2nd Friday of every month from 2:30-4:00 pm
4400 East-West Highway
Bethesda, MD 20814
The group’s focus will be the study of trauma that is “passed down” from one generation to the next. We will be reading both professional and fictionalized accounts to further our understanding of this topic. In addition, we will be discussing our clinical work and personal experiences as they relate to transgenerational trauma. One of the books we will be reading is Trans-generational Trauma and the Other by Sue Grand and Jill Salberg.
Members who attend this study group will be able to:
- Define the concept, the advenent.
- Compare the traditional understanding of resistance with Apprey’s notion of resistance in working with transgenerational trauma.
- Explicate Leary’s theory of how ” the very ability to pass from black to white…is dependent on antecedent traumas …”.
- Identify three ways that ghosts related to slavery emerge in the transference of a cross-racial treatment.
- Describe Fonagy’s ideas of how traumatized parents transmit disassociated states to their children through disturbed attachment patterns.
- Discuss the complex countertransference experiences that emerge when both therapist and client are impacted by a history of transgenerational trauma.
- Discuss the concepts of collective and social trauma and how it intertwines with familial transgenerational trauma.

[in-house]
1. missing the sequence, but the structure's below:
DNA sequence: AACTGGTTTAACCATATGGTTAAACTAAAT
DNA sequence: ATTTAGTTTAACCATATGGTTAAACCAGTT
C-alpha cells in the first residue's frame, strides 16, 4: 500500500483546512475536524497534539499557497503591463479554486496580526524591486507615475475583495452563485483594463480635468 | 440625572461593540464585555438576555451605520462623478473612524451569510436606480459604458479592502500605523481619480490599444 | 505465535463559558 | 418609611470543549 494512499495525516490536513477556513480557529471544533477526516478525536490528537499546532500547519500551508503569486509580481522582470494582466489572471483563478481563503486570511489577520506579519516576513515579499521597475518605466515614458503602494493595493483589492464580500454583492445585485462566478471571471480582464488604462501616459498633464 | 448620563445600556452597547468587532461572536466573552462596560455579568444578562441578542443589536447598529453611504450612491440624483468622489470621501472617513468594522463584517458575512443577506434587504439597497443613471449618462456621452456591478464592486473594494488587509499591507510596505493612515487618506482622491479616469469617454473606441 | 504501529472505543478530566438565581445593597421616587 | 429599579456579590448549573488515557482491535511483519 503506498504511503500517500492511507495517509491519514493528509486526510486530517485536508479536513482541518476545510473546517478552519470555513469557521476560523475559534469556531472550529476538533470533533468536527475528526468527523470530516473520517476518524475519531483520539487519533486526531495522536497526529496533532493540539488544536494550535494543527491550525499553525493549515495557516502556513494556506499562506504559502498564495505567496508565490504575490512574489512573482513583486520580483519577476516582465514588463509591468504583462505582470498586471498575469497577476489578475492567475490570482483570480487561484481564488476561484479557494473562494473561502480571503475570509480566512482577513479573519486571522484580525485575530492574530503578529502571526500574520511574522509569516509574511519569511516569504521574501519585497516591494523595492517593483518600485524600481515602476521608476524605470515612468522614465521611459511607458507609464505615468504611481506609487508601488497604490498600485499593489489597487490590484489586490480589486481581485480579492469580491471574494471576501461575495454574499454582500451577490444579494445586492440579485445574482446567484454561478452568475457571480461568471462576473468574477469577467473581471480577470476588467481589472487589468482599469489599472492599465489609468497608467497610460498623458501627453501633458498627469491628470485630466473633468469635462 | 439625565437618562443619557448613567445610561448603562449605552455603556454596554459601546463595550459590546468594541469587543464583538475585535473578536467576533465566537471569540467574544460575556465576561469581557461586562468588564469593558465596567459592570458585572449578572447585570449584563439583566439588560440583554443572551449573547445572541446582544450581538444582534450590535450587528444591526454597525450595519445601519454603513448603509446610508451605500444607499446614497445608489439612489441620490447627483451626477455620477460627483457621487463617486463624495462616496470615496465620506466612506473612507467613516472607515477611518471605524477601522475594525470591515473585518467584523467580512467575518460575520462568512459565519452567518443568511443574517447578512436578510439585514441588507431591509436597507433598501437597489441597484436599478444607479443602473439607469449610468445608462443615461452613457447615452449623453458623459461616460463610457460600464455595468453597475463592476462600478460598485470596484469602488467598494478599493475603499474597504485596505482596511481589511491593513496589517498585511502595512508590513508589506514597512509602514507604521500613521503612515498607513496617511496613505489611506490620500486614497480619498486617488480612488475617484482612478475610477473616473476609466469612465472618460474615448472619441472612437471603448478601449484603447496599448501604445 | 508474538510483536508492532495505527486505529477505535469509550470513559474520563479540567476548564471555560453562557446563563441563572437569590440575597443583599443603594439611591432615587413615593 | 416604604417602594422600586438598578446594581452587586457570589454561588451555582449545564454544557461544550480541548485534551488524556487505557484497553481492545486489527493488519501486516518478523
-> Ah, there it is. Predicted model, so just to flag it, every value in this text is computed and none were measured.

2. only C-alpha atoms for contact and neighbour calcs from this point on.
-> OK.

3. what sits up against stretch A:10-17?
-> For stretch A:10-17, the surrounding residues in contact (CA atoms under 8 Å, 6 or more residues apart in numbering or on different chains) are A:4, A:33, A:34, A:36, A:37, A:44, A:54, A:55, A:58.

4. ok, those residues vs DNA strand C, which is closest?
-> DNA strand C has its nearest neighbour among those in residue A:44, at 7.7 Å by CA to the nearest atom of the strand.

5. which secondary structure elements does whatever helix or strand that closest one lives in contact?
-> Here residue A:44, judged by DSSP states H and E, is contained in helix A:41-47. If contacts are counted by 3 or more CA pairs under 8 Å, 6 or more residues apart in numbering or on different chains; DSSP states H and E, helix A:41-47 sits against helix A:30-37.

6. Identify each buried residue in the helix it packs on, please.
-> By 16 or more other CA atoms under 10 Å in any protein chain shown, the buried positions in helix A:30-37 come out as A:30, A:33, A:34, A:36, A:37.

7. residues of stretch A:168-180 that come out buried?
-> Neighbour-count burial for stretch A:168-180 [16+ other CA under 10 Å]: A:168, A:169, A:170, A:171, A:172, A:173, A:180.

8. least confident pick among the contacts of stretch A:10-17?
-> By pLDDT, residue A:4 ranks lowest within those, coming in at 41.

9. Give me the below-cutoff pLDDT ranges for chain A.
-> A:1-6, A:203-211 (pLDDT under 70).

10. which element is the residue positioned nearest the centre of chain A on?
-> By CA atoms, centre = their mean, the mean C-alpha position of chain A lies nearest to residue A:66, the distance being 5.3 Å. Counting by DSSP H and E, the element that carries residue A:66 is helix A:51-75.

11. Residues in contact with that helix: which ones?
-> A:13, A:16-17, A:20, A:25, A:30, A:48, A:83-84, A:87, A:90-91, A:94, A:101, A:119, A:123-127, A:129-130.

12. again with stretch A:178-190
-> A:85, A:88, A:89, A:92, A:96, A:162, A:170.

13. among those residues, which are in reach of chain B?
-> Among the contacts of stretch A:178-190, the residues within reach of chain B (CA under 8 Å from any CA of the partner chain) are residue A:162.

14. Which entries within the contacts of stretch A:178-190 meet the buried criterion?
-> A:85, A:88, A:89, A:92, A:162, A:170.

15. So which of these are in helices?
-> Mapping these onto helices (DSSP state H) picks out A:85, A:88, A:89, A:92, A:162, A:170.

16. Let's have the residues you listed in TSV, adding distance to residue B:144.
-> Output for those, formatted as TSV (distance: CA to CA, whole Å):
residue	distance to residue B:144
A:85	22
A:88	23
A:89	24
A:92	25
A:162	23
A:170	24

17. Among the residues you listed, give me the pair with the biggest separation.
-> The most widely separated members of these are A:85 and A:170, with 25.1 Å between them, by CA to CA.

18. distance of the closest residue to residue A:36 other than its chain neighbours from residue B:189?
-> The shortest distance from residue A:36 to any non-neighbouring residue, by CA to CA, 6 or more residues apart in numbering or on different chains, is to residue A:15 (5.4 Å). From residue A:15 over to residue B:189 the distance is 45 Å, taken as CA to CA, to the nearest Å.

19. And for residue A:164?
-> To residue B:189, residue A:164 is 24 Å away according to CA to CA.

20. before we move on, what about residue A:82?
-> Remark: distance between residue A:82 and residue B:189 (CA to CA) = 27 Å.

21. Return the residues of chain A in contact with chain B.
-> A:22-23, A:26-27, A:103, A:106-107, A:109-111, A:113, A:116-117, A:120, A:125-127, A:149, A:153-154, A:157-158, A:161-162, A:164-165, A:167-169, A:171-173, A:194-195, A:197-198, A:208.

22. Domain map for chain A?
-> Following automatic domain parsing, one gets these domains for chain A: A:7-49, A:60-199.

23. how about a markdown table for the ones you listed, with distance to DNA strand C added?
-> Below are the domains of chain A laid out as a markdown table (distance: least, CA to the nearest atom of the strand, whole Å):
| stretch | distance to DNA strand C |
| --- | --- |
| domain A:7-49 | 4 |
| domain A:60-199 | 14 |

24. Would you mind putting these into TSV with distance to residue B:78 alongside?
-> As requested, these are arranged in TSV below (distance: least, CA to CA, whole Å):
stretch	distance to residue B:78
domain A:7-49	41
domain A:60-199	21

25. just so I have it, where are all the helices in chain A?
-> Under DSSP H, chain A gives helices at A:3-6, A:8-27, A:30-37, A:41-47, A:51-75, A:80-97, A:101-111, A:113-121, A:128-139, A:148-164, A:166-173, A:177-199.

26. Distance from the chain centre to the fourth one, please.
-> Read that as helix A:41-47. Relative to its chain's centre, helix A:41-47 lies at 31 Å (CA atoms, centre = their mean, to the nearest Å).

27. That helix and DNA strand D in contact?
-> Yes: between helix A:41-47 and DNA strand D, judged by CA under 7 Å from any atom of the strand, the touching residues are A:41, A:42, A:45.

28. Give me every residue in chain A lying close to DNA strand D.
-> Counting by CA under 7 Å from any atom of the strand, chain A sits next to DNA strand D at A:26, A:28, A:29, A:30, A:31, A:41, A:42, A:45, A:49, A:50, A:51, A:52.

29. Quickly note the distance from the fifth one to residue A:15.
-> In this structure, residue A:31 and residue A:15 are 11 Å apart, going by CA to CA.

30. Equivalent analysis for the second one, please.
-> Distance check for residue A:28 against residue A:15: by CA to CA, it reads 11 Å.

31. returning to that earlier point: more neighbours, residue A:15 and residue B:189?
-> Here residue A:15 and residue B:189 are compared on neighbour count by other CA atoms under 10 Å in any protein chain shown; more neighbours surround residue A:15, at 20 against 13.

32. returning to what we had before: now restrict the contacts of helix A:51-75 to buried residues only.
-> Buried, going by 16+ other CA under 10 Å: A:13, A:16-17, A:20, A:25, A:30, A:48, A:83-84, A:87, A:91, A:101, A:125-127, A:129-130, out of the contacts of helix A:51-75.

- Demonstrate an understanding of how the conscious and unconscious forces of sexism, gender and motherhood contributed to the “demonization” of Ethel Rosenberg.
- Compare Stolorow’s conception of developmental trauma with the effect of the lack of security in Bowlby’s attachment theory.
- Describe how Stolorow’s and Bowlby’s theories can be applied to an understanding of the effects of slavery and its aftermath.
- Describe the process by which the Jewish author Ofra Bloch came to feel empathy for both German and Palestinian ‘others’.
- Describe how mutual recognition and acknowledgement of intersections of experience can undo the process of dehumanization done by former and present generations on each side of trauma.
- Discuss Layton’s meaning of normative unconscious processes with examples, from the clinical vignette, of enactments present in the histories of clinician and patient.
- Discuss racial difference, beyond the physical differences, that has to do with ideological means of maintaining power differentials.
- Identify examples of the current effects of the Khmer Rouge genocide that continue to haunt “every surviving citizen of Cambodia”.
- Explain what Rappoport means by “Witnessing: Embodied Presence”.
- Explain the relationship between memory and witnessing.
- Explain how the idea of responsibility entered into the discussion of ways of coping with wrongs done to our ancestors.
- Explain what the difference is between a mentalized mind and a colonized mind.
- Discuss the utility of the concept of colonization in explaining the transmission of trauma to the next generation.
- According to Goodman, explain 3 ways in which “attachment to truth” is potentially misguided.
- Discuss how knowledge as “invitation” differs from knowledge as “assent”.